Net Income$  2,152 $  2,120 $  32  

The increase in revenues is the result of an 18.5% increase in pounds of polyvinyl chloride (PVC) pipe sold, mostly offset by a 13.3% decrease in the price per pound of pipe sold. The Plastics segment reported increased sales in the southwest and central regions of the United States. Cost of products sold increased $0.8 million due to the increase in sales volume, mostly offset by a 13.1% decrease in the cost per pound of PVC pipe sold. The decreases in revenue per pound of pipe sold and costs per pound of pipe sold are both related to a decrease in resin costs between the quarters.


Corporate costs net-of-tax decreased $0.6 million between the quarters due to the following:

  • A $0.8 million net-of-tax decrease in labor and benefit costs related to a reduction in employee count and lower stock compensation and performance incentive expenses.
  • A $0.3 million net-of-tax reduction in contracted services.

offset by:

  • A $0.5 million net-of-tax decrease in corporate costs allocated to the Electric segment mainly related to the reductions in labor and benefit costs.

Discontinued Operations

Following are summary presentations of the results of discontinued operations for the three month periods ended March 31:

(in thousands)   2016    2015 
Operating Revenues$-- $18,724 
Operating Expenses (50) 22,141 
Goodwill Impairment Charge --  1,000 
Operating Income (Loss) 50  (4,417)
Other Deductions --  (31)
Income Tax Expense (Benefit) 20  (1,376)
Net Income (Loss) from Operations 30  (3,072)
Gain on Disposition Before Taxes --  12,042 
Income Tax Expense on Disposition --  4,816 
Net Gain on Disposition --  7,226 
Net Income$  30 $  4,154 

On February 28, 2015 the corporation sold the assets of AEV, Inc., its former energy and electrical construction contractor, resulting in a first quarter 2015 net gain on the sale of $7.2 million. On April 30, 2015 the corporation sold Foley Company (Foley), its former water, wastewater, power and industrial construction contractor. AEV, Inc, and Foley entered into fixed-price construction contracts. Revenues under these contracts were recognized on a percentage-of-completion basis. The method used to determine the percentage of completion was based on the ratio of costs incurred to total estimated costs on construction projects in progress. In the first quarter of 2015, an increase in estimated costs in excess of previous period cost estimates on one large job in progress at Foley resulted in pretax charges of $2.3 million. Foley also recorded a $1.0 million goodwill impairment charge based on adjustments to its carrying value in the first quarter of 2015. Residual activities of the corporation’s former dock and boatlift company and former wind tower manufacturing business, which were sold in 2013 and 2012, respectively, are also included in discontinued operations.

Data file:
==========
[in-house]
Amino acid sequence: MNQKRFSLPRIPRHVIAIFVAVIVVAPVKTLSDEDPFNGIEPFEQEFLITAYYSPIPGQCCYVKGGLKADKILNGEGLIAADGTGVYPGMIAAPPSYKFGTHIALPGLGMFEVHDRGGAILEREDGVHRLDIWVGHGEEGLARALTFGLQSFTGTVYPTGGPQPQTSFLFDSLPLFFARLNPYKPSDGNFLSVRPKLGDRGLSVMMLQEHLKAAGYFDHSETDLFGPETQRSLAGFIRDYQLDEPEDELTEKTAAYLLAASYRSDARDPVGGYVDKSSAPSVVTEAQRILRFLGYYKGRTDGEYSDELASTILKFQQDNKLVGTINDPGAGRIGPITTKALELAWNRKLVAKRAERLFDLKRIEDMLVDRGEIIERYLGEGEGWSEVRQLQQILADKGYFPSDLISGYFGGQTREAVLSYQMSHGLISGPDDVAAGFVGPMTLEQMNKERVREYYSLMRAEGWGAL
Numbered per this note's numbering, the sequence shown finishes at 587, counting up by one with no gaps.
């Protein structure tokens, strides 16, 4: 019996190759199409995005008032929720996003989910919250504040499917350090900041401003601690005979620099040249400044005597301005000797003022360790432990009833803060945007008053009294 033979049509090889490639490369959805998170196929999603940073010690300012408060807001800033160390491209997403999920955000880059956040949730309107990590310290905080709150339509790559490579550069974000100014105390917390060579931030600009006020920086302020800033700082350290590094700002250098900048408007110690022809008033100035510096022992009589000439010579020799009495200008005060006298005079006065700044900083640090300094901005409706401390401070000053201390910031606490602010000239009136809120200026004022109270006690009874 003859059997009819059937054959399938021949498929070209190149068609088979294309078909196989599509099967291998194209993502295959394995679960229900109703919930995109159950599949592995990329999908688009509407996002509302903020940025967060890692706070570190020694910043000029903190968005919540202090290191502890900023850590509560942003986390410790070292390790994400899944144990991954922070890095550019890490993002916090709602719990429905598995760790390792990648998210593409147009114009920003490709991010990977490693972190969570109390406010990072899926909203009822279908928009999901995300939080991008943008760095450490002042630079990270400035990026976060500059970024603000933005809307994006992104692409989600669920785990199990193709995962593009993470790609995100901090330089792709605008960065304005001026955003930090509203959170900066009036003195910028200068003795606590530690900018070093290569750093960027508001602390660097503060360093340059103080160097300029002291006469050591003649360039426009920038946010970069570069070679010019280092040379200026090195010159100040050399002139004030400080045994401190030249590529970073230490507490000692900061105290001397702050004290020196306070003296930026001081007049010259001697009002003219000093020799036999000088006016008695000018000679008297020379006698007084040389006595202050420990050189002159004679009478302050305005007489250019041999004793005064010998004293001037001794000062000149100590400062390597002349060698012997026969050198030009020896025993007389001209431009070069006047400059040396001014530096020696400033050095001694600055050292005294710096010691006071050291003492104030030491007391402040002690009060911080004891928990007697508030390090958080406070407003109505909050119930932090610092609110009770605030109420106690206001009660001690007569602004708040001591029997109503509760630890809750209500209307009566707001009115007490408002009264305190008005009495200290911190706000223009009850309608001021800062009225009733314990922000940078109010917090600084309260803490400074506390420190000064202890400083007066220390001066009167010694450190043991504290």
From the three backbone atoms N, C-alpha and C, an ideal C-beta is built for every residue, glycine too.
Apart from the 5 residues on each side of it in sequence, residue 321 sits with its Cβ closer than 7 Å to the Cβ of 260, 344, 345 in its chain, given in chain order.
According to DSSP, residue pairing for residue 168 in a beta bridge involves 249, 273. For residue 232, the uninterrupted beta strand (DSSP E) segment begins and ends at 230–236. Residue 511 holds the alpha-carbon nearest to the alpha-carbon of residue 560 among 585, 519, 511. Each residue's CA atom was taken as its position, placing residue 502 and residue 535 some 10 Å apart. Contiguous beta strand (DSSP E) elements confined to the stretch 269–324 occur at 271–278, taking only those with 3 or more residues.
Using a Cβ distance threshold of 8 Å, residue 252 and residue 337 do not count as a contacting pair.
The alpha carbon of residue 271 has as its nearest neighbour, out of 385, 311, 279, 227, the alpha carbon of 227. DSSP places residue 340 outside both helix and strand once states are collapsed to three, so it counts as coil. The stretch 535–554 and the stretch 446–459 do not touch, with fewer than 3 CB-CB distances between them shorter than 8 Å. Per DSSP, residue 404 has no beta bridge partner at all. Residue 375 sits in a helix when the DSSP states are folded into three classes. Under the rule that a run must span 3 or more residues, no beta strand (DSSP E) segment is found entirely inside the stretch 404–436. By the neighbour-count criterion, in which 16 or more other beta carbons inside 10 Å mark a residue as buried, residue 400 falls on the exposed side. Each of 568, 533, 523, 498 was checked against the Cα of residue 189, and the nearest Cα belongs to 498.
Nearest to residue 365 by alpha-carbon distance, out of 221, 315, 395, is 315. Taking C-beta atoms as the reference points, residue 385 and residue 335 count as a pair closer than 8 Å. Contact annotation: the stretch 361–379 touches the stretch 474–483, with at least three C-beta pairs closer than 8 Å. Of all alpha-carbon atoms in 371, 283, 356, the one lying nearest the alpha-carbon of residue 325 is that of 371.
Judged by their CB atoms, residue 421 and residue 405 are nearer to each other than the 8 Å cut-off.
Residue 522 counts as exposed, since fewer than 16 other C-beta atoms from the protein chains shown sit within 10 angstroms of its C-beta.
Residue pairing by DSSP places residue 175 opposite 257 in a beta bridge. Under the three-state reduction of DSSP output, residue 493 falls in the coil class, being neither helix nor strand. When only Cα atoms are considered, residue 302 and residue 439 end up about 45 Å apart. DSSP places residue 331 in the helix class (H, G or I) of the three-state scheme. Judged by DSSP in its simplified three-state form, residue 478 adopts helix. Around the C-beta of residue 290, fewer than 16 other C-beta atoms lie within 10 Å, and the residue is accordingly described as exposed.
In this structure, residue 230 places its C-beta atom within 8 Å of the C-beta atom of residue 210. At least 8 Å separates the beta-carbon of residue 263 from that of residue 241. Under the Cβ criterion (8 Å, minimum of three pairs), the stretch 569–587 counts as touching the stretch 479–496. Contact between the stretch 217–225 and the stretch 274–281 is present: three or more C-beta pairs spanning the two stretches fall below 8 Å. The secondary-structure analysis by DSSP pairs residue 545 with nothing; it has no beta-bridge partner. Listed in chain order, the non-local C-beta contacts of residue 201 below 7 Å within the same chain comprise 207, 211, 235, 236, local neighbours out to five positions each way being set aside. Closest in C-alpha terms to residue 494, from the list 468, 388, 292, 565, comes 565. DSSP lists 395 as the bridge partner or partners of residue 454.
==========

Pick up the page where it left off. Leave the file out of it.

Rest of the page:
2016 Business Outlook

The corporation is reaffirming its consolidated diluted earnings per share guidance for 2016 to be in the range of $1.50 to $1.65. This guidance reflects the current mix of businesses owned by the corporation, considers the cyclical nature of some of the corporation’s businesses and reflects current economic challenges facing the corporation’s Manufacturing and Plastics segments, as well as plans and strategies for improving future operating results. The corporation expects capital expenditures for 2016 to be $175 million compared with $160 million in capital expenditures in 2015. Major projects in the corporation’s planned expenditures for 2016 include investments in two large transmission line projects for the Electric segment, which are expected to positively impact earnings and provide an immediate return on capital.

Segment components of the corporation’s 2016 earnings per share initial and revised guidance range compared with 2015 actual earnings are as follows:

Diluted Earnings Per Share2015 EPS
by Segment
2016 Guidance
February 8, 2016
2016 Guidance
Revised May 2, 2016
Electric$1.29 $1.29 $1.32 $1.29 $1.32 
Manufacturing$0.11 $0.11 $0.15 $0.12 $0.16 
Plastics$0.32 $0.26 $0.30 $0.24 $0.28 
 Total – Continuing Operations$1.56 $1.50 $1.65 $1.50 $1.65 
Expected Return on Equity  9.3% 10.2% 9.3% 10.2%

Contributing to the corporation’s earnings guidance for 2016 are the following items:

  • The corporation expects 2016 Electric segment net income to be slightly higher than 2015 segment net income based on:
    • Normalized weather for the remainder of 2016.
    • Constructive outcome of the rate case filed in Minnesota in February 2016.